Admission is the acknowledgment of truth and the access to possibilities or options.
In this exhibition Chris Purdie acknowledges consciousness as truth and Marc Bradley Johnson suggests the recognition of possibilities creates access to options. Both installations involve the patron in a distinctive manner, presenting not only a visual, but also a multi-sensory experience based on perception and consciousness. Purdie and Johnson were united for this exhibition through the commonalities of their concepts, mediums, and methods of display.
Through the deconstructive efforts of Minimalism contemporary artists are provided with new foundations upon which to construct. The forms identified by the Minimalists as foundational have become the new pedestals whereon objects and concepts may be presented. In this exhibition both artists have chosen one of the most fundamental forms—the cube—to present their objects and concepts. The objects presented on the so-called “pedestals” are unique to each of the concepts—multiple speakers symbolizing voice or thought and multiple doors representing options. Admission presents voice and options, both of which are consequences of consciousness.
The Speakers (Voice Box)
The point of departure for The Speakers (Voice Box) is found in an art historical dialog between Minimalist art and the criticism of Michael Fried. In this piece I examine the phenomenology of perception as it applied to Minimalist artist Tony Smith’s sculptures—specifically Die, a six foot steel cube. The dimensions of Smith’s Die and mine correspond to those of the human body as depicted in Leonardo da Vinci’s drawing, Vitruvian Man. Both Smith and myself are interested in the ways physical objects, as well as our spatial proximity to those objects, shape our self-perception. My work contributes to this focus on self-perception by adding a new dimension—sound. I am using speakers and sound in hopes of further unveiling the anthropomorphism of Minimalist art. I reconstructed Tony Smith’s Die out of black speakers and endowed the anthropomorphic cube with a voice, and by so doing seek to fill the “hollowness” of which Die was convicted by critic Michael Fried.
Michael Fried directed his criticism toward Minimalism or “literalism” as he called it. Fried did not like the “theatricality” or necessity of the viewer and thought that art should stand alone, giving to the viewer rather than taking from them. I considered this criticism and viewed the “hollowness” of <em>Die</em> to be a vacuum and storehouse of human consciousness. In <em>The Speakers (Voice Box) </em>I seek to reverse this process and give back to the viewer the evidence of consciousness collected and stored within <em>Die</em>. This piece thus blurs the line between the so-called “non-art” and “art”, “object” and “essence.” Delivering visual and aural elements simultaneously, this piece, then, will both literally and theoretically delve into the phenomenological essence of man, which I take to be consciousness.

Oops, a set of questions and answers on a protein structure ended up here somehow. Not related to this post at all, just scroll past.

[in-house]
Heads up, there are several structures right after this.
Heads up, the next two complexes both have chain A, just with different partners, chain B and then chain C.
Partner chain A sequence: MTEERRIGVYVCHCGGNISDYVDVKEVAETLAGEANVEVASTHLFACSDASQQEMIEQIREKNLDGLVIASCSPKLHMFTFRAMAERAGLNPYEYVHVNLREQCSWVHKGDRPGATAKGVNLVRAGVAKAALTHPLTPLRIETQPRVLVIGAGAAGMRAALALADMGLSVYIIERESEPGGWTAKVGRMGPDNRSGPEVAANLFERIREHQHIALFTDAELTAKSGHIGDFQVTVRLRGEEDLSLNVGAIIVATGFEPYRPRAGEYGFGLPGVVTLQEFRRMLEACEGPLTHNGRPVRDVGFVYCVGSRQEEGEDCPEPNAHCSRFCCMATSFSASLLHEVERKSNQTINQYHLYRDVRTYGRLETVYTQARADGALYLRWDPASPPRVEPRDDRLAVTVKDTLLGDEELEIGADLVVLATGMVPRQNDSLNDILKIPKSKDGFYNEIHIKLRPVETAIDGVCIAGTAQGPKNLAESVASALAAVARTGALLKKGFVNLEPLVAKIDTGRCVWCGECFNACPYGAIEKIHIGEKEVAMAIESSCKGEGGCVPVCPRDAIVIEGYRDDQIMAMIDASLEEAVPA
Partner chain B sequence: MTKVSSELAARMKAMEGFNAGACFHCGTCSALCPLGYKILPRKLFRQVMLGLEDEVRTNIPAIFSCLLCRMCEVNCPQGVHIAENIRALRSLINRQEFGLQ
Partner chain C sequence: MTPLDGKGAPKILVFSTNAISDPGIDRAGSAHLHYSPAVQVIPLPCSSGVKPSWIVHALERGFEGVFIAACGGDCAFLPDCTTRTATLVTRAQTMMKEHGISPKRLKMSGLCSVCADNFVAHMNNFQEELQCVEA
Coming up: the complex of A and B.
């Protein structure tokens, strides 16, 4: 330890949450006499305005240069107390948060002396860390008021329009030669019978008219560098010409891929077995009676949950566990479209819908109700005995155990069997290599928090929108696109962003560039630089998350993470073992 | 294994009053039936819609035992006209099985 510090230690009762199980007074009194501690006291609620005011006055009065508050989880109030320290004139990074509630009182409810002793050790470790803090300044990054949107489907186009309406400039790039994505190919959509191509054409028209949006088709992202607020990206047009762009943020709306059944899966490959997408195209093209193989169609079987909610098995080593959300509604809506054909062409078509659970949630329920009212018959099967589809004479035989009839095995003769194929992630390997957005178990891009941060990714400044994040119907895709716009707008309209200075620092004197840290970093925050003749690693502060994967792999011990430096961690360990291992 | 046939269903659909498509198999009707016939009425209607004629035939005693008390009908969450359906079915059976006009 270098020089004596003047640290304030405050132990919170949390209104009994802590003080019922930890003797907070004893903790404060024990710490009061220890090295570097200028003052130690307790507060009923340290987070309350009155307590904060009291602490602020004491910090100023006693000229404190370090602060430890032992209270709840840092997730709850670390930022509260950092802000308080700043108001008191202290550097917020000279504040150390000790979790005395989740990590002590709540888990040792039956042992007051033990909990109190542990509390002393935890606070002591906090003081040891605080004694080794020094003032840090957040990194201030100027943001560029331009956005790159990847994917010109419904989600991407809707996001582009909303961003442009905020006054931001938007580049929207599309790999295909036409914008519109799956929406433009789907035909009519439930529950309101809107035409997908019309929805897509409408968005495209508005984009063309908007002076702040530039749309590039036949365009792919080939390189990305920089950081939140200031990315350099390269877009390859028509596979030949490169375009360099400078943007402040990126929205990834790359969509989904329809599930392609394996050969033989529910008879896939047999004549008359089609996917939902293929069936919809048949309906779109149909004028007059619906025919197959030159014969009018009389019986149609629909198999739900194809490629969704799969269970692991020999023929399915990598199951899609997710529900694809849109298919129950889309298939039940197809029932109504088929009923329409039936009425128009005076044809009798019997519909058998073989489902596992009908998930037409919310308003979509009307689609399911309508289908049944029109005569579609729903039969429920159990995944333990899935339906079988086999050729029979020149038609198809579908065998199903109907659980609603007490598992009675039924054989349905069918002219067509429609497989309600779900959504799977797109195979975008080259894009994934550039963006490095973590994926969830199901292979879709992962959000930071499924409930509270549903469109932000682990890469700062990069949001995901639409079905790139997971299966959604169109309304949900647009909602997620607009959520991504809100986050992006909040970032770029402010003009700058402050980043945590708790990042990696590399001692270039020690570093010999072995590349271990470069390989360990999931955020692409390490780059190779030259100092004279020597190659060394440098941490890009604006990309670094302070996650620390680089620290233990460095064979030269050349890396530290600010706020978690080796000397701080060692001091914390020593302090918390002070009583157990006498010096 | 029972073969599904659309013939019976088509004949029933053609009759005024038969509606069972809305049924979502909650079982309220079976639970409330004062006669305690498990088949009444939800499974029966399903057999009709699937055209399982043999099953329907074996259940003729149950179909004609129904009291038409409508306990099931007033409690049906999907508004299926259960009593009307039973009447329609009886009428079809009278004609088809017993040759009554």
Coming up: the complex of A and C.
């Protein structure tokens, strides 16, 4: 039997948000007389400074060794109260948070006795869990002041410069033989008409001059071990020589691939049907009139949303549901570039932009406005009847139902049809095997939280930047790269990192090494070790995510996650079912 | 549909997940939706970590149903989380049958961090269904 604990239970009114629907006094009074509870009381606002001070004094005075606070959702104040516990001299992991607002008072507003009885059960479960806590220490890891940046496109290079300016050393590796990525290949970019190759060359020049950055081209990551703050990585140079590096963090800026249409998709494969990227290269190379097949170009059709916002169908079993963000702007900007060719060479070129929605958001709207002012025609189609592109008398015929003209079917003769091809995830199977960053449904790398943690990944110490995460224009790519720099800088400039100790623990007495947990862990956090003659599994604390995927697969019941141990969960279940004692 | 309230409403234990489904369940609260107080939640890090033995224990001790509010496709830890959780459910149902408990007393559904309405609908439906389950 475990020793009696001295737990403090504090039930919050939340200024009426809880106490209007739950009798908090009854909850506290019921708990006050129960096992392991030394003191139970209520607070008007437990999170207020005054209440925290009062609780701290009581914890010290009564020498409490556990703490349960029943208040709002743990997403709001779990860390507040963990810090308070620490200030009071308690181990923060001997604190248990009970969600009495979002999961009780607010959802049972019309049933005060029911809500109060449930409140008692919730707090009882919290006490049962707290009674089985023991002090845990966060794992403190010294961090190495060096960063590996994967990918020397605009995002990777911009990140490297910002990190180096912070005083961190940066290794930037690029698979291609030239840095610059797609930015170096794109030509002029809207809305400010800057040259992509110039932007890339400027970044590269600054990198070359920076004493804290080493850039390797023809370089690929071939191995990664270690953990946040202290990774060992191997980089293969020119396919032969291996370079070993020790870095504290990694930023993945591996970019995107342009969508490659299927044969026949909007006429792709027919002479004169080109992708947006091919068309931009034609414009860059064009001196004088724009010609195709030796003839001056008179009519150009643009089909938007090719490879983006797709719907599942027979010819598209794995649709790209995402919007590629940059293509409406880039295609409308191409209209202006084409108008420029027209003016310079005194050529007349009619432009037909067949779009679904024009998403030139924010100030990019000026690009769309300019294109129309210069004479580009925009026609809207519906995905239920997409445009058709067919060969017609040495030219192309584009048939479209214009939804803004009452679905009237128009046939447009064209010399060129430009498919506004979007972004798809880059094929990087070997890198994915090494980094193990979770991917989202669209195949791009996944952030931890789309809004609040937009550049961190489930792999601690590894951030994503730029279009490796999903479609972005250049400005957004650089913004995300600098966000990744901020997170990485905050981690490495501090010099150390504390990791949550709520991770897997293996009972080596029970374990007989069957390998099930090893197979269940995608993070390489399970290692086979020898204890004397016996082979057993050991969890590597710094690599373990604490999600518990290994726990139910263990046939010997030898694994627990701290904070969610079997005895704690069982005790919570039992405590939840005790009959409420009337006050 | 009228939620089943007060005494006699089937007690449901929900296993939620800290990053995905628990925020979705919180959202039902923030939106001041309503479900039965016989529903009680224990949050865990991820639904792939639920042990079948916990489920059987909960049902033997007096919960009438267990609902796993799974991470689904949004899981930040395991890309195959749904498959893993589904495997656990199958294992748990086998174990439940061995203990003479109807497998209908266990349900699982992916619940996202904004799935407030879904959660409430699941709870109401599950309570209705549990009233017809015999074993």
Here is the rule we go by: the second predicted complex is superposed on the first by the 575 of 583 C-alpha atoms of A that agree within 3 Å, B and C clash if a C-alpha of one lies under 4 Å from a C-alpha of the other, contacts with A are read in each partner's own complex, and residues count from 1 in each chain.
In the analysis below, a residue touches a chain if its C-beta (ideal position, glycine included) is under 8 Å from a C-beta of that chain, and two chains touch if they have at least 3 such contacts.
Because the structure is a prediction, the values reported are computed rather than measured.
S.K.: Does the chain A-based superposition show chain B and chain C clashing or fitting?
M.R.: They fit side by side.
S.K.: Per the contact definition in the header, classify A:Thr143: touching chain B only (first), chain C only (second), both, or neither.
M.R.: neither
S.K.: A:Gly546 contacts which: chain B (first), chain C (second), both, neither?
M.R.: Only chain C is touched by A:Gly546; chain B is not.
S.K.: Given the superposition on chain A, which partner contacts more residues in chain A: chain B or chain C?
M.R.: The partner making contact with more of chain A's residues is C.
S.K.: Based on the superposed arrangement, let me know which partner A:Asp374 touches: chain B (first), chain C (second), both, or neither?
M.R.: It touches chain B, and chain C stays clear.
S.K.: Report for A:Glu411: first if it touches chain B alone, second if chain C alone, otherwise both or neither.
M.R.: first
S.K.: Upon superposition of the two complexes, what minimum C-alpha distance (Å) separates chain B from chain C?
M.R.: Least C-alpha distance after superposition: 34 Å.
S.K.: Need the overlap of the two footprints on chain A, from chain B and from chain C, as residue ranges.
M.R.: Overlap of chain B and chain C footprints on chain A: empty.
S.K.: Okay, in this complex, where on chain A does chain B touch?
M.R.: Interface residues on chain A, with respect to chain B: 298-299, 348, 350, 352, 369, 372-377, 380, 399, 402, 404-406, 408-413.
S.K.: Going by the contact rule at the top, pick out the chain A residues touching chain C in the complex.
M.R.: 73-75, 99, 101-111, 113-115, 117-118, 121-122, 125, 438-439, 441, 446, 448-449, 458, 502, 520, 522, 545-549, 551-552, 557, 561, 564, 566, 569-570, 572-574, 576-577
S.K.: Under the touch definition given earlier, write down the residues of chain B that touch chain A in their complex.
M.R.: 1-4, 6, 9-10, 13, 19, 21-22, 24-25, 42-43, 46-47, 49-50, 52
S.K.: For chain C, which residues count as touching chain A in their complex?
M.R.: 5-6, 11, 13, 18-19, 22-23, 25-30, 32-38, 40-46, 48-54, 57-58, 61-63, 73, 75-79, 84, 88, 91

Total: 212 Speakers
The Speakers Project was funded in part by Brigham Young University’s Office of Research and Creative Activities.
Essay: Joseph Parry
Photography: Galen Dunn
Catalog and Promotion Designs: Manasseh Langtimm
Audio Composition: Lance Montgomery and Chris Purdie
Technical Support: Jarime Billings, Neil Bly and Ned Clayton
Amplifier Design and Production: Ned Clayton and Chris Purdie
Promotions: Landon Hallman, Adam Reitz, Cole Sanders and Mike Woodward
Featured Voices: Emily Fox, Andrew Kosorok
Additional Voices: Brian Andelin, Jarime Billings, Krystal Billings, Jared Clark, Lee Cowan, Noah Coleman, Jared Greenleaf, Marc Bradley Johnson, Jamie Purdie, Judy Simmons, and Shane Simmons
Thanks: Deseret Industries for help in collecting the speakers, Laura Durham and the Rio Gallery.
Special thanks to Jamie Purdie for much help and support.
Chris Purdie has been studying and producing art, both as a musician and as a visual artist, all his life. Through an exploration of light, sound, and performance his work examines perception and cognition as it relates to the formation of identity. Purdie’s art has been featured in a variety of group and solo exhibitions and can be found in publications as well as private and corporate collections. He currently lives & works in Pleasant Grove, Utah.
Artists: Chris Purdie & Marc Bradley Johnson
Exhibition Dates: 4 December – 7 January
Opening Reception: Friday 4 December 6:00 – 8:00pm
Location: Rio Gallery
300 S. 455 W. Salt Lake City
(at the historic Rio Grande Depot)
Gallery Hours: 7:00am – 6:00pm Monday – Thursday
Admission is free to the public
Two artists, two cubes, over two hundred speakers, and twelve doors combine to create Admission.
Admission is an exhibition of sound and motion by Chris Purdie and Marc Bradley Johnson and will be on display December 4, 2009 through January 7, 2010 with an opening reception Friday December 4 from 6-8pm (admission free to the public).